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Oscar Week: In Defense Of Extremely Loud & Incredibly Close

Illustration for article titled Oscar Week: In Defense Of iExtremely Loud  Incredibly Close/i

Tim Grierson and Will Leitch will be writing regularly on Gawker and Deadspin about movies, starting this week. We begin with defending the indefensible: praising the Oscar-nominated movie everyone seems to hate. Today, why you're wrong for hating Extremely Loud & Incredibly Close. Follow Grierson & Leitch on Twitter for more business.

Extremely Loud & Incredibly Close is a movie that's almost too easy to despise—not that that's stopped a lot of people from happily despising the hell out of it. An adaptation of Jonathan Safran Foer's 2005 novel, Extremely Loud practically announces itself as shameless Oscar-bait: It tackles an Important Subject (9/11); it stars previous Oscar winners (Tom Hanks and Sandra Bullock); and there are lots of tears and hugging and lessons learned. If all that wasn't enough, it's directed by Stephen Daldry, the man behind Billy Elliot, The Hours, and The Reader. The guy doesn't make movies; he makes "prestige pictures" that mostly cater to older Oscar voters who apparently can't get enough drippy mawkishness.

If a film like that isn't done perfectly, critics will crucify it. And crucify it they have, complaining about its emotional manipulation and insufferable main character, a precocious 9-year-old boy who may or may not have Asperger's. The movie's not divisive; it's a pariah. You can find people who will defend The Artist or The Help, but if you like Extremely Loud, well, there's something wrong with you.


The annoying Daldry tendencies are there in abundance in Extremely Loud, but at least he does one thing very right: He found the right kid to play the lead.

Thomas Horn isn't one of those professional child actors. Before playing Oskar Schell in Extremely Loud, Horn had only been in a grade-school production of James and the Giant Peach. His big break came from appearing on Jeopardy!'s Kids Week in 2010, which is where producer Scott Rudin saw him and became convinced he might have the chops to play the intelligent, socially stunted Oskar. At the time, the casting news couldn't help but feel like a gamble and a stunt. But although many critics find Oskar intolerable, I think Horn's lack of acting experience is crucial to what makes the film work.

If you haven't seen Extremely Loud (or read the book), here's the plot: Oskar (Horn) is still reeling from the death of his beloved dad Thomas (Hanks), who was in the South Tower on 9/11. A year later, Oskar finds a key he believes is part of one of his dad's final brainteaser expeditions that they used to do together. (Little does Oskar know that Thomas had crafted them mostly to force his anxiety-ridden son to interact with the outside world.) Believing that the key belongs to someone in New York named Black, Oskar goes on a journey to hunt down every Black in the phone book, hoping that one of them can give him one last moment with his father.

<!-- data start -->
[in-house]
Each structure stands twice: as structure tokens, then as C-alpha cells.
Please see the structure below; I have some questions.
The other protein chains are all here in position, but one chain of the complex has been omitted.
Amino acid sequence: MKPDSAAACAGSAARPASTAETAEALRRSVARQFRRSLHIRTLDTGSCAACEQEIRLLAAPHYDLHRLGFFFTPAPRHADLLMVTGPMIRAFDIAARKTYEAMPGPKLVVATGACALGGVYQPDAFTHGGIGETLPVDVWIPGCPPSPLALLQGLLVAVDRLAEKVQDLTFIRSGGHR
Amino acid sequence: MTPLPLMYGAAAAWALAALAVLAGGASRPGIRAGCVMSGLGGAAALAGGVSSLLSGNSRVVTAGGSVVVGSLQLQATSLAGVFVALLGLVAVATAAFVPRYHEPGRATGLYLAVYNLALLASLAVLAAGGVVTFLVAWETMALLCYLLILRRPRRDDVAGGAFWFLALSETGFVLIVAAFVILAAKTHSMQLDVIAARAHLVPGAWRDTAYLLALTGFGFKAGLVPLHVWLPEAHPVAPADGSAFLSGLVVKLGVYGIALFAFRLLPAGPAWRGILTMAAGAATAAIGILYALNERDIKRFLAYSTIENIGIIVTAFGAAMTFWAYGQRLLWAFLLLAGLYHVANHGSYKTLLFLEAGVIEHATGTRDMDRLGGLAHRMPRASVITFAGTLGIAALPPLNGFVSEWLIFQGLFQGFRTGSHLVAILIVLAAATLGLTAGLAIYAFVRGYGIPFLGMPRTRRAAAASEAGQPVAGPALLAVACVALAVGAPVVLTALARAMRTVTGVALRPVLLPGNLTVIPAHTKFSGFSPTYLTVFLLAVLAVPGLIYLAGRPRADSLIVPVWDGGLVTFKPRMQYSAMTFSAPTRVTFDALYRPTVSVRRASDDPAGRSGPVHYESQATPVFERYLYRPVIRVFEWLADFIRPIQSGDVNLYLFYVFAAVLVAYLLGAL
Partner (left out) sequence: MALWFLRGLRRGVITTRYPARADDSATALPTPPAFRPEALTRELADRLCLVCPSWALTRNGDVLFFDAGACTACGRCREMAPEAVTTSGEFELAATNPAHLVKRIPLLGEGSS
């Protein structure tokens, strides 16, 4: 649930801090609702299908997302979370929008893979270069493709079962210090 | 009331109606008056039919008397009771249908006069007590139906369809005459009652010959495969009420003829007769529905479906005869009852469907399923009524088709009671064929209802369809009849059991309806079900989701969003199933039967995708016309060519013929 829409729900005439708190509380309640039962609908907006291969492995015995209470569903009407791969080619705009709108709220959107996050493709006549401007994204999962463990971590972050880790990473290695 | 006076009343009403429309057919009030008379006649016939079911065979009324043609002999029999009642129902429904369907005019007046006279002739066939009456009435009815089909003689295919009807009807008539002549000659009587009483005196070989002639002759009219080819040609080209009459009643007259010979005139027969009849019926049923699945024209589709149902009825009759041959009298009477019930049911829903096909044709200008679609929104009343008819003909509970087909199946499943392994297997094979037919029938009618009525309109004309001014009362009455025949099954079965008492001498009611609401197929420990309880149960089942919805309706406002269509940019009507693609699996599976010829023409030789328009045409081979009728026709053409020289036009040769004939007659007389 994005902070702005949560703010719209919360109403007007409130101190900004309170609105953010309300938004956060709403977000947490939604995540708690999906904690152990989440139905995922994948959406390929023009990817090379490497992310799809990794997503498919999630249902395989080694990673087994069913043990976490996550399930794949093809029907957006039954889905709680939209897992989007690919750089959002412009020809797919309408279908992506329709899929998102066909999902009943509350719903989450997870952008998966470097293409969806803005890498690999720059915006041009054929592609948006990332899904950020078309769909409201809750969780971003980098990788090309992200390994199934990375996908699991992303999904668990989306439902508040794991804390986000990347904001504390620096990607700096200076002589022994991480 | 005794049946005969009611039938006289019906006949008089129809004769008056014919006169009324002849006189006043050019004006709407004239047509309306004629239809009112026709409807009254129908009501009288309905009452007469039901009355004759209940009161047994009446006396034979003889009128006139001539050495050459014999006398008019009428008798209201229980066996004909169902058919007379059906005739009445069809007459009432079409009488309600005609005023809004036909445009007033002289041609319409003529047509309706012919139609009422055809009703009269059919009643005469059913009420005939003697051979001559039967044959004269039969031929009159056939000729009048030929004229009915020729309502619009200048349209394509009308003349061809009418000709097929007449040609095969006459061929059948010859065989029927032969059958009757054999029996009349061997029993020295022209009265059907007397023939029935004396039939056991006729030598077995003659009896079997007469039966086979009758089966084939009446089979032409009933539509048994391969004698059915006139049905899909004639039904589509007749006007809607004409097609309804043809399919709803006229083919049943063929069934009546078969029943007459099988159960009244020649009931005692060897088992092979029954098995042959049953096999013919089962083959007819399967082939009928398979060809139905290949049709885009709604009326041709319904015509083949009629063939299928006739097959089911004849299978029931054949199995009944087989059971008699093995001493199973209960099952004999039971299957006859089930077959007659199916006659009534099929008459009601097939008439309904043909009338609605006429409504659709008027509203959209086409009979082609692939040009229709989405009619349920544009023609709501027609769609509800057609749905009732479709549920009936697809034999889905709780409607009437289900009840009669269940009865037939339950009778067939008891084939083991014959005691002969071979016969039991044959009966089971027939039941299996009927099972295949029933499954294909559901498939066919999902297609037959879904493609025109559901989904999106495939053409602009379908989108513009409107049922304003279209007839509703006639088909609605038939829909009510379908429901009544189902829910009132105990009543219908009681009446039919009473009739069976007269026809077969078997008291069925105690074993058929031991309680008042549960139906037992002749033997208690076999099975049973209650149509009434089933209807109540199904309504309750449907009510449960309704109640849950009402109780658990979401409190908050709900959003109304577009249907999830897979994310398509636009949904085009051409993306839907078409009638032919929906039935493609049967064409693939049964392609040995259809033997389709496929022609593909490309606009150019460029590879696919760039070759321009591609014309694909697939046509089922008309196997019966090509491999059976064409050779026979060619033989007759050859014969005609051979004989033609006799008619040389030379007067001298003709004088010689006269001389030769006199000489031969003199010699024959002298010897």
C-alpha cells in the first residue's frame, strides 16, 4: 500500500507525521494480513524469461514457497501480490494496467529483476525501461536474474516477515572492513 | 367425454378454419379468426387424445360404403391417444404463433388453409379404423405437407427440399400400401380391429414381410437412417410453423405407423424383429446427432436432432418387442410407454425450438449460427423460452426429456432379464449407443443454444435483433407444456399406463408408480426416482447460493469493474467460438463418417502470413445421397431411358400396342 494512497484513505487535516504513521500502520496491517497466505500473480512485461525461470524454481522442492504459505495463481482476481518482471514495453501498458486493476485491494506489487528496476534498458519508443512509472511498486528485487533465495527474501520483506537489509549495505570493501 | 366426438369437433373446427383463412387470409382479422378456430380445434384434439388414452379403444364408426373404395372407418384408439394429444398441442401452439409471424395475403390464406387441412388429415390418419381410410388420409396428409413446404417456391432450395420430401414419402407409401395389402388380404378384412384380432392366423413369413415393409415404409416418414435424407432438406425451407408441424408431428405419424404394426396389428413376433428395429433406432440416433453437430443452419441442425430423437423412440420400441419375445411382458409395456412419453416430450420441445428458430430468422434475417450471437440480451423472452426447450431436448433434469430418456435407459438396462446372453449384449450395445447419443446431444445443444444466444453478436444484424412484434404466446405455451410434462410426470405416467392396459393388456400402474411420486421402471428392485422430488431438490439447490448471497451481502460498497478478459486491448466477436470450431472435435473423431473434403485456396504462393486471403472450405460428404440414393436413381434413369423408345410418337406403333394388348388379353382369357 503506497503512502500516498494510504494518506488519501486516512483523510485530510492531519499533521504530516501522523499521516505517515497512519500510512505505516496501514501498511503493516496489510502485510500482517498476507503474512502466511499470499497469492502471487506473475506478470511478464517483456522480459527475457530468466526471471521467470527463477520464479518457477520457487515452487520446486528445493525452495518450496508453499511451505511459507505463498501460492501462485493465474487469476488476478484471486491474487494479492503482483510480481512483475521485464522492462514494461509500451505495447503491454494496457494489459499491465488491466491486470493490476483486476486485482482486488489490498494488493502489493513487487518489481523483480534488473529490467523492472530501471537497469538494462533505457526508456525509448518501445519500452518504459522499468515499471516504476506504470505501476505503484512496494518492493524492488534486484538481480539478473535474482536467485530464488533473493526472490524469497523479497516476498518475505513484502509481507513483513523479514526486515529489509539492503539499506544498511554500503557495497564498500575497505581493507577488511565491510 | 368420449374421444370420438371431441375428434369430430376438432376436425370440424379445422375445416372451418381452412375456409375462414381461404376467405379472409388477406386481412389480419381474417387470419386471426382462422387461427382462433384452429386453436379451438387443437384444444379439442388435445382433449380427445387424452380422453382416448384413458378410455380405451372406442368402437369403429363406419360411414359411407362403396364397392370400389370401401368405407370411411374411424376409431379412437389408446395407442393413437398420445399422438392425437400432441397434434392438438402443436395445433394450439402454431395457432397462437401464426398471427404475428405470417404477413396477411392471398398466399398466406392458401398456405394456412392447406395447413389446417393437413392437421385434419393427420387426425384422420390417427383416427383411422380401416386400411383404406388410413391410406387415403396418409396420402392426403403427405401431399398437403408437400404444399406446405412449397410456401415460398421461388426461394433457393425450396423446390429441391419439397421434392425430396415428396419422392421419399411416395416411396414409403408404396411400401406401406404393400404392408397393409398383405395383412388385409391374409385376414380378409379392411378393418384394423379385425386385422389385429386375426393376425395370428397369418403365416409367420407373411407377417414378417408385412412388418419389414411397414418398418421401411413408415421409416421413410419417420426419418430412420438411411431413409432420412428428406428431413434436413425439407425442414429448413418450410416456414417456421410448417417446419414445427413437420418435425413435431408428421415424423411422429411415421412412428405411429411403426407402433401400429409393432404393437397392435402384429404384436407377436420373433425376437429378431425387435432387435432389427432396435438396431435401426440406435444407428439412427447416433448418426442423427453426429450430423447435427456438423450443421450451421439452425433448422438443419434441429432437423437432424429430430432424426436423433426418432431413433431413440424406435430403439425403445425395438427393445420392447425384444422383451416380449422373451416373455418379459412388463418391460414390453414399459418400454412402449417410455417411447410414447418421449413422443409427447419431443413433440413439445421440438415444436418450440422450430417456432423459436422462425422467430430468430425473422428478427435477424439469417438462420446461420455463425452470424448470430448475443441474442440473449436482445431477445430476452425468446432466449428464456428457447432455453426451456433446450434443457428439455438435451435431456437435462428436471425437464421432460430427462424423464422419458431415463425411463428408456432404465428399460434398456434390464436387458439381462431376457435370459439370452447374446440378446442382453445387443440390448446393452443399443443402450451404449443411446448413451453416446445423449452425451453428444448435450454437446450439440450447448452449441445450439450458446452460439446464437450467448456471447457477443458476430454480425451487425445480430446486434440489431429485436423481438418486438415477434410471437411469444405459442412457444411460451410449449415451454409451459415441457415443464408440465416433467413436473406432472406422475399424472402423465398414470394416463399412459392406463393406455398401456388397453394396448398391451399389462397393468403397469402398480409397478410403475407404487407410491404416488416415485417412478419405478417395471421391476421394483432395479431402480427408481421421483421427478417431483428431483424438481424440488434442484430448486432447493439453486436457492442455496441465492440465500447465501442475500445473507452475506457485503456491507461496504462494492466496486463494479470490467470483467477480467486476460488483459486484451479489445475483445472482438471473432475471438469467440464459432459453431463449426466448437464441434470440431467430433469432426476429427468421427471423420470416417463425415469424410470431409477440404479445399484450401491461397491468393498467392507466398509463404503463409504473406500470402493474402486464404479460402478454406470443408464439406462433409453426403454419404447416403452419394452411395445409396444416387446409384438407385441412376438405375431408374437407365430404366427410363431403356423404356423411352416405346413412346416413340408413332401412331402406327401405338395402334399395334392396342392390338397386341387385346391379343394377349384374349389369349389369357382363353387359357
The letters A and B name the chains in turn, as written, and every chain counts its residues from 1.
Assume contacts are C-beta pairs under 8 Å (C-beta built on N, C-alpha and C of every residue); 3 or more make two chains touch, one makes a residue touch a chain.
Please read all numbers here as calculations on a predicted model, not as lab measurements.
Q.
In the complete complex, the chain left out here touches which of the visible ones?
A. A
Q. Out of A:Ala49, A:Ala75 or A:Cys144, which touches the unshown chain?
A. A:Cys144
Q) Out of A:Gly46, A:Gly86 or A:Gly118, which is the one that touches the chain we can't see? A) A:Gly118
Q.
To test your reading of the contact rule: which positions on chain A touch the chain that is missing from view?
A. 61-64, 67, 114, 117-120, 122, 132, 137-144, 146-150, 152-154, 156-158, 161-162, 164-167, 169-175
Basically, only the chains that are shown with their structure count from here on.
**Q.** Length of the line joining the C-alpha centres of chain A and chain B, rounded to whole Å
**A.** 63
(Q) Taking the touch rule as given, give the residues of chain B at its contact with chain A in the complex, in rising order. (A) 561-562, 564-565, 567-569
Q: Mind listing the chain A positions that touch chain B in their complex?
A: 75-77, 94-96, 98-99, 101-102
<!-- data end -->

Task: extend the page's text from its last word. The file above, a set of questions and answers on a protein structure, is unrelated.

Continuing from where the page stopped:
Because 9/11 has left Oskar terrified of public transportation, he has to walk to each Black residence in the five boroughs, and there's no guarantee that this search is going to lead to anything. (The only reason why Oskar even thinks the key belongs to someone named Black is because it's in an envelope with that word on it.) But where other people have found this storyline overly cutesy and needlessly complicated—couldn't he just call?—I'd argue that Oskar's obsessive, futile runaround is entirely the point. While there's no question that all the Blacks he meets are meant to symbolize the importance of making connection with those around us—Crash won Best Picture preaching this same nonsense—Extremely Loud is far subtler, suggesting how in the face of an unimaginable tragedy people sometimes distract themselves with seemingly impossible or inexplicable tasks. Rather than being frustrated by the quixotic nature of his plan, I actually found Oskar's wild-goose chase incredibly poignant. It's a quest in which there is no satisfying resolution ... much like the process of coping with grief.

But, then again, I like Oskar, which may be where you and I part company. And when I say I "like" Oskar, I think it's important to point out something: Yes, I get that he's annoying. That's the idea. Some of 2011's most acclaimed movies were led by characters with deep emotional or psychological trauma—Melancholia, Margaret, Take Shelter—and the key to embracing those films was to understand how those traumas had shaped the haunted, often difficult people we saw on the screen. But the hyper-articulate, socially maladjusted Oskar wasn't allowed the same understanding. Why? Because he's a kid? Because he's played by a non-professional?